The Federal Reserve’s Rate Hikes Are Cooling The Housing Market But Land-Use Reforms Still Needed

Since the spring of 2022, the Fed’s federal funds rate target—which is the interest rate banks charge one another for overnight loans—has increased to 2.5%, up from 0.25% in February. The Fed’s actions have increased interest rates on everything from credit cards to mortgages. The higher mortgage rates are starting to bring down prices, but the lower prices will be temporary without the supply increases that are needed to make housing more affordable.

The average 30 and 15-year mortgage rates are at their highest levels since 2009, as shown in the figure below from the American Action Forum’s latest housing chartbook by Thomas Wade. The 30-year rate is nearly double what it was in 2021, while the 15-year rate has already more than doubled.

Despite these increases, both rates are still near historic lows and are below the 6% to 7% rates that were the norm from 2001 to 2009.

While interest rates may not be high by historical standards, the recent increases are still causing prices to fall. Both the Case-Shiller and FHFA housing price indices have begun to level off, as shown in the two figures below.

Year-over-year price changes for both indices have also declined to 15% for the Case-Shiller 20-city composite index and 16% for the FHFA index. Both were 19% in 2021.

Builder sentiment is declining in response to lower prices and slower price growth. The NAHB/Wells FargoWFC
housing market index—created from a survey of builders who assess housing sales and expectations—has fallen to its lowest level since before the pandemic, as shown below.

Weaker demand and builder sentiment are showing up in housing starts. The figure below shows that starts are slowing in all four regions of the country.

Fewer housing starts will keep the supply of new homes down and may slow the fall in housing prices as supply adjusts to meet the lower demand caused by rising interest rates. While this may be good for current homeowners who will experience smaller drops in equity in the short-term, it is bad for long-term housing affordability. The country has a significant housing shortage—between 6 million and 10 million units—that a decline in housing starts will only exacerbate. The tight housing market shows up in home and rental vacancy rates, which are at their lowest levels of the past 10 years.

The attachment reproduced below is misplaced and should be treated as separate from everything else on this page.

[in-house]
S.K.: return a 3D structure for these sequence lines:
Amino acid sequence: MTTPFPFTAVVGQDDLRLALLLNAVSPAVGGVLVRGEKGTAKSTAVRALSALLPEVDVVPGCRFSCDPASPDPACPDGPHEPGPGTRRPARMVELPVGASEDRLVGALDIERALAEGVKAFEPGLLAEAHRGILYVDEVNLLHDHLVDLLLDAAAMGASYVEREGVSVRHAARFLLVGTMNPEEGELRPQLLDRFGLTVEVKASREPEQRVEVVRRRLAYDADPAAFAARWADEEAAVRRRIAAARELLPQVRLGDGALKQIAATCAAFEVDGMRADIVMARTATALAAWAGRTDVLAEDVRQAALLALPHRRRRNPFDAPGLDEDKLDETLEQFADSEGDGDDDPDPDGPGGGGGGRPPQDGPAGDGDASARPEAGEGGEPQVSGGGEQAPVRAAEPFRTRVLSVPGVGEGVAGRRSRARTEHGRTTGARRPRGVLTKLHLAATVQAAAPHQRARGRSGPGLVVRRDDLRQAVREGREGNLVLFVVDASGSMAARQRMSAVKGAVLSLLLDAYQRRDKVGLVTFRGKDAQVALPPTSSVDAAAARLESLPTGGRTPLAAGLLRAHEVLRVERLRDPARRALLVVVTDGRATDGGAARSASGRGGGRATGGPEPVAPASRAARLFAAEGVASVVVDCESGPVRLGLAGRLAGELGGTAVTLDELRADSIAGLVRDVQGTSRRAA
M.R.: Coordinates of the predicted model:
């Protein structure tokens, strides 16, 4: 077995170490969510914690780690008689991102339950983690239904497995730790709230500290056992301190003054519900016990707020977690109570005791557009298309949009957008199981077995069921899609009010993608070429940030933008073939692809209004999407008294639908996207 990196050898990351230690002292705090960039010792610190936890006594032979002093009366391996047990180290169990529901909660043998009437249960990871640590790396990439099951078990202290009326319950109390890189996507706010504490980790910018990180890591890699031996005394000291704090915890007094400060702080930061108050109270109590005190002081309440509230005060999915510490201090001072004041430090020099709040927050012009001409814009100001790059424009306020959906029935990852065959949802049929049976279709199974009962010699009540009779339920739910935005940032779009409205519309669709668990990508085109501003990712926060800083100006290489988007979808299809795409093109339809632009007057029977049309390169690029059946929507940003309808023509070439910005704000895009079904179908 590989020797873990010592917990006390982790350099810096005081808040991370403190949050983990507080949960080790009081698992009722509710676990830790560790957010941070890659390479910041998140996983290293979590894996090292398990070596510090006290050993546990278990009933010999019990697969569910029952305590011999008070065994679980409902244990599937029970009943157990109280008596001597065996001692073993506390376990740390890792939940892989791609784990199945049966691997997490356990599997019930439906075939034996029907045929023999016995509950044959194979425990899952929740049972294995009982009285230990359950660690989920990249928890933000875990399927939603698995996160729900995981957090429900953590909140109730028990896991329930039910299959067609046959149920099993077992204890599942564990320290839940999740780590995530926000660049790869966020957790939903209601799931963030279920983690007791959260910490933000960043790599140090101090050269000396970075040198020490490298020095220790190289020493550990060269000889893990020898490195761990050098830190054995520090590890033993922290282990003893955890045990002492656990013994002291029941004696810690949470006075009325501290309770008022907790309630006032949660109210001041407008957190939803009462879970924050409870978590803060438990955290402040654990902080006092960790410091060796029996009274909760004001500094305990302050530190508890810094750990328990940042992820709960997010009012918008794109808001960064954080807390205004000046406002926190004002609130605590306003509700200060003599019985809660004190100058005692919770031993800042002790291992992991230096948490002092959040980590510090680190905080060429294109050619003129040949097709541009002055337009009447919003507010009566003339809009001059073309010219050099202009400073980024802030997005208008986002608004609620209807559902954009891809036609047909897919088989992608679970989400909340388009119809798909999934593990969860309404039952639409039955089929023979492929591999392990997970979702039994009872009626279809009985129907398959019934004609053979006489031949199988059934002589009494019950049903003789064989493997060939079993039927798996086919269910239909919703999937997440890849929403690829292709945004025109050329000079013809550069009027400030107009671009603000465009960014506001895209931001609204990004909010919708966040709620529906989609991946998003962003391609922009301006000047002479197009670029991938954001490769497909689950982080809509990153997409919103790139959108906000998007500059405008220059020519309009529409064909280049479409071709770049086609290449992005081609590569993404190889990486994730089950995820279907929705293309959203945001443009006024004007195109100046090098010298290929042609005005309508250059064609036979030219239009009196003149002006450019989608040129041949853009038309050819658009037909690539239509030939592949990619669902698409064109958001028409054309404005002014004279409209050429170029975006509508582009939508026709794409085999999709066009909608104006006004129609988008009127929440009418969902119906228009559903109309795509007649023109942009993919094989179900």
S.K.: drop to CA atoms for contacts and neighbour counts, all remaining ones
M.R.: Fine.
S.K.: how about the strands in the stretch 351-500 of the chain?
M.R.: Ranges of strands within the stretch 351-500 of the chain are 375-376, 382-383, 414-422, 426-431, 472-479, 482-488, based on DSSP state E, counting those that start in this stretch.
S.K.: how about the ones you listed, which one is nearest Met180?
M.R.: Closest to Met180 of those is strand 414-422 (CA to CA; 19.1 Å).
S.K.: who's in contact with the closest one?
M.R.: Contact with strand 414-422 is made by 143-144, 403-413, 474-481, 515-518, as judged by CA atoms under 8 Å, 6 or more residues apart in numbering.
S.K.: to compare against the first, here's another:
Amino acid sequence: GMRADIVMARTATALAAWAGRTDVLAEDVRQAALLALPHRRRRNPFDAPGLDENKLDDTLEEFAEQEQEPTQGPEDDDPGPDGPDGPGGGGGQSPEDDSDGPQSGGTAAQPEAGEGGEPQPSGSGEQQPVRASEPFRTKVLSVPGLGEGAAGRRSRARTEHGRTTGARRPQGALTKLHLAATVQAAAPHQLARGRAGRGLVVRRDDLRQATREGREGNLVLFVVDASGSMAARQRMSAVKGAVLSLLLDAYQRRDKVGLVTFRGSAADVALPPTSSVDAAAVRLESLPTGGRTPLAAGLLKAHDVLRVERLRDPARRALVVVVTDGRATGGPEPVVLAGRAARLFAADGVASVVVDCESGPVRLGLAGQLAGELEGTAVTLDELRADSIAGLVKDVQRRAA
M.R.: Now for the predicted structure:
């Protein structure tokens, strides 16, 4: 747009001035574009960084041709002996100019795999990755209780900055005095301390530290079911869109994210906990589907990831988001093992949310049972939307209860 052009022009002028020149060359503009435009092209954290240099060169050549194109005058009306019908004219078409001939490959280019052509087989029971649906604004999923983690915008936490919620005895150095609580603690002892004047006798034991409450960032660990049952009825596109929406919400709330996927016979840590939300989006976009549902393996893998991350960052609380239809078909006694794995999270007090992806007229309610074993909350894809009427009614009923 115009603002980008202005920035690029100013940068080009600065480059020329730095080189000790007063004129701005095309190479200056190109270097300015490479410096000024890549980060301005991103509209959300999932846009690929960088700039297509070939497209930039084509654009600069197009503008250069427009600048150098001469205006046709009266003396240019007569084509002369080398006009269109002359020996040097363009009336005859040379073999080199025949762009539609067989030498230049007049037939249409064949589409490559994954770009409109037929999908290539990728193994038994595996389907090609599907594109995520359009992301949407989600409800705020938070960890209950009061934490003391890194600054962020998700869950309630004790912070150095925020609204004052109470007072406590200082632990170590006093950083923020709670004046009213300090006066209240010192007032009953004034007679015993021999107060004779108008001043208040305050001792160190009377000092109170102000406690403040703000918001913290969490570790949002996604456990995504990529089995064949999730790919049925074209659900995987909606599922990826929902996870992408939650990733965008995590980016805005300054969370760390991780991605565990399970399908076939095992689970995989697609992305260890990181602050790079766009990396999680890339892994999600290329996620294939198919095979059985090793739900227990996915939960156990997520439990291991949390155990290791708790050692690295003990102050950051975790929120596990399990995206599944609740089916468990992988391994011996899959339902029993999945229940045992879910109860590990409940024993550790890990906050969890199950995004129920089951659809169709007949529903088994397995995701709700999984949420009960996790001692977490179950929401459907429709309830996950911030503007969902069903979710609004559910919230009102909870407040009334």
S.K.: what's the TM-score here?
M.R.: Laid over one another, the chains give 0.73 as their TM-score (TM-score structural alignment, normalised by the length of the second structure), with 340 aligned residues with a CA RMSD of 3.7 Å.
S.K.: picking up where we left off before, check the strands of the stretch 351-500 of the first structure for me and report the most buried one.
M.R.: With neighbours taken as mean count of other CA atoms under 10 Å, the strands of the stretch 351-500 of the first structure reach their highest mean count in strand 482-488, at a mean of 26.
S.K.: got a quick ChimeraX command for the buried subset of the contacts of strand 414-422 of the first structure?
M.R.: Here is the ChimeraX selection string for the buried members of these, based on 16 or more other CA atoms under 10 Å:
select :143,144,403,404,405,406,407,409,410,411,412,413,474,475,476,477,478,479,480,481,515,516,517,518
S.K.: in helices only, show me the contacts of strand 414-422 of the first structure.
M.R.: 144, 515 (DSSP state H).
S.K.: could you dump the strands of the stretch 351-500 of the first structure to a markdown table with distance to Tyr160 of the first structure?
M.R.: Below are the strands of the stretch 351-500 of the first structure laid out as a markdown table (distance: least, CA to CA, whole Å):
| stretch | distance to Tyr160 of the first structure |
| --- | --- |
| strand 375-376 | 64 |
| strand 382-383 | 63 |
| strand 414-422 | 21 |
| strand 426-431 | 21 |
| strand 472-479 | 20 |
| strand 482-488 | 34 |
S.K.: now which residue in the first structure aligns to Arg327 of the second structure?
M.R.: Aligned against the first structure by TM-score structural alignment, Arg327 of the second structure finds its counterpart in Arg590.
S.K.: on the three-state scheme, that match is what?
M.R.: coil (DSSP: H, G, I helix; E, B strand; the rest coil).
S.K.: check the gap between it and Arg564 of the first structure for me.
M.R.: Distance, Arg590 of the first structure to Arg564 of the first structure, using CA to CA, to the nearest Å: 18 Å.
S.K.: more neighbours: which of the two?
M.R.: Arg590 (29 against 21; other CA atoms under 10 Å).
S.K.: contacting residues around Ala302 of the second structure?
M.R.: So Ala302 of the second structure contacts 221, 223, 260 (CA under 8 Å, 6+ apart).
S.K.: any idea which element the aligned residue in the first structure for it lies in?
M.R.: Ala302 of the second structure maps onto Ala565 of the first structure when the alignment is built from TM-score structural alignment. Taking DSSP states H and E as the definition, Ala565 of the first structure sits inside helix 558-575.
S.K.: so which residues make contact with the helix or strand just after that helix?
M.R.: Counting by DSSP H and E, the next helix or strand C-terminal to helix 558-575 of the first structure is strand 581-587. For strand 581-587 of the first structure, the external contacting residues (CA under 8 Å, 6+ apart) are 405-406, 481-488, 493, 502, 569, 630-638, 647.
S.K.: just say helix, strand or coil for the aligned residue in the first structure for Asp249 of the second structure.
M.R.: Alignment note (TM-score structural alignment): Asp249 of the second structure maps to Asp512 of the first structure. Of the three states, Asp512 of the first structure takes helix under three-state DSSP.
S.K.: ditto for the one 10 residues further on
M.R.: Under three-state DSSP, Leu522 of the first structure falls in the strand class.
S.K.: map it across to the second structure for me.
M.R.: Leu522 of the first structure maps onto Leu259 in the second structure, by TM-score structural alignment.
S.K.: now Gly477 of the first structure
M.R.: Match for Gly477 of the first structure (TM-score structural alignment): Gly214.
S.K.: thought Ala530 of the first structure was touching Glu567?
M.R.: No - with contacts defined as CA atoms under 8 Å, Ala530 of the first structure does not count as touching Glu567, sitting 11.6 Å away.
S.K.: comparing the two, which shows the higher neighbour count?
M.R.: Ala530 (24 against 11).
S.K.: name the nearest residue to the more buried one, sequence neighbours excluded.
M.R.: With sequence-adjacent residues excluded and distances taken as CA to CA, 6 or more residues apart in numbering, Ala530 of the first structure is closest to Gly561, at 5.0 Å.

We need more housing of all types in America to make housing more affordable in the long run. It is disappointing though not surprising that housing starts are declining in response to weaker demand and lower prices.

It would be a mistake to blame the Fed for the housing market’s issues, though. The Fed is doing what is necessary to curb the runaway inflation caused by too much government spending and its own excessive money creation during the pandemic. Any other effects its interest rate hikes have on the economy are of secondary importance.

The main culprit behind the supply and demand mismatch in the housing market is too much government regulation. The federal government has long been in the business of boosting housing demand through the quasi-government agencies of Fannie MaeFNMA
and Freddie Mac and other government programs.

Both Fannie and Freddie buy mortgages from lenders and have implicit government backing. Since lenders know they can easily offload mortgages to Fannie and Freddie, they are less worried about long-term default risks and thus can keep borrowing costs artificially low.

Artificially stimulating demand is bad enough on its own—remember the housing crisis? —but what makes it even worse in the context of the housing market is that local governments are simultaneously depressing supply via land-use regulations. Across the country, minimum lot sizes, parking requirements, convoluted permitting processes, density requirements, and other local regulations restrict the amount of housing that can be built. When supply restrictions are combined with demand subsidies the result is higher prices that keep adequate housing out of reach for many lower- and moderate-income households.

The Fed’s rate hikes are cooling the housing market, and with more hikes forthcoming we should expect this to continue in the near future. The Fed’s impact, however, is minor compared to the adverse impacts of current federal and local government housing policies that boost demand and restrict supply. The Fed’s actions should not distract us from making the long-term changes we need to bring the housing market into balance—more supply at the local level and fewer subsidies at the federal level.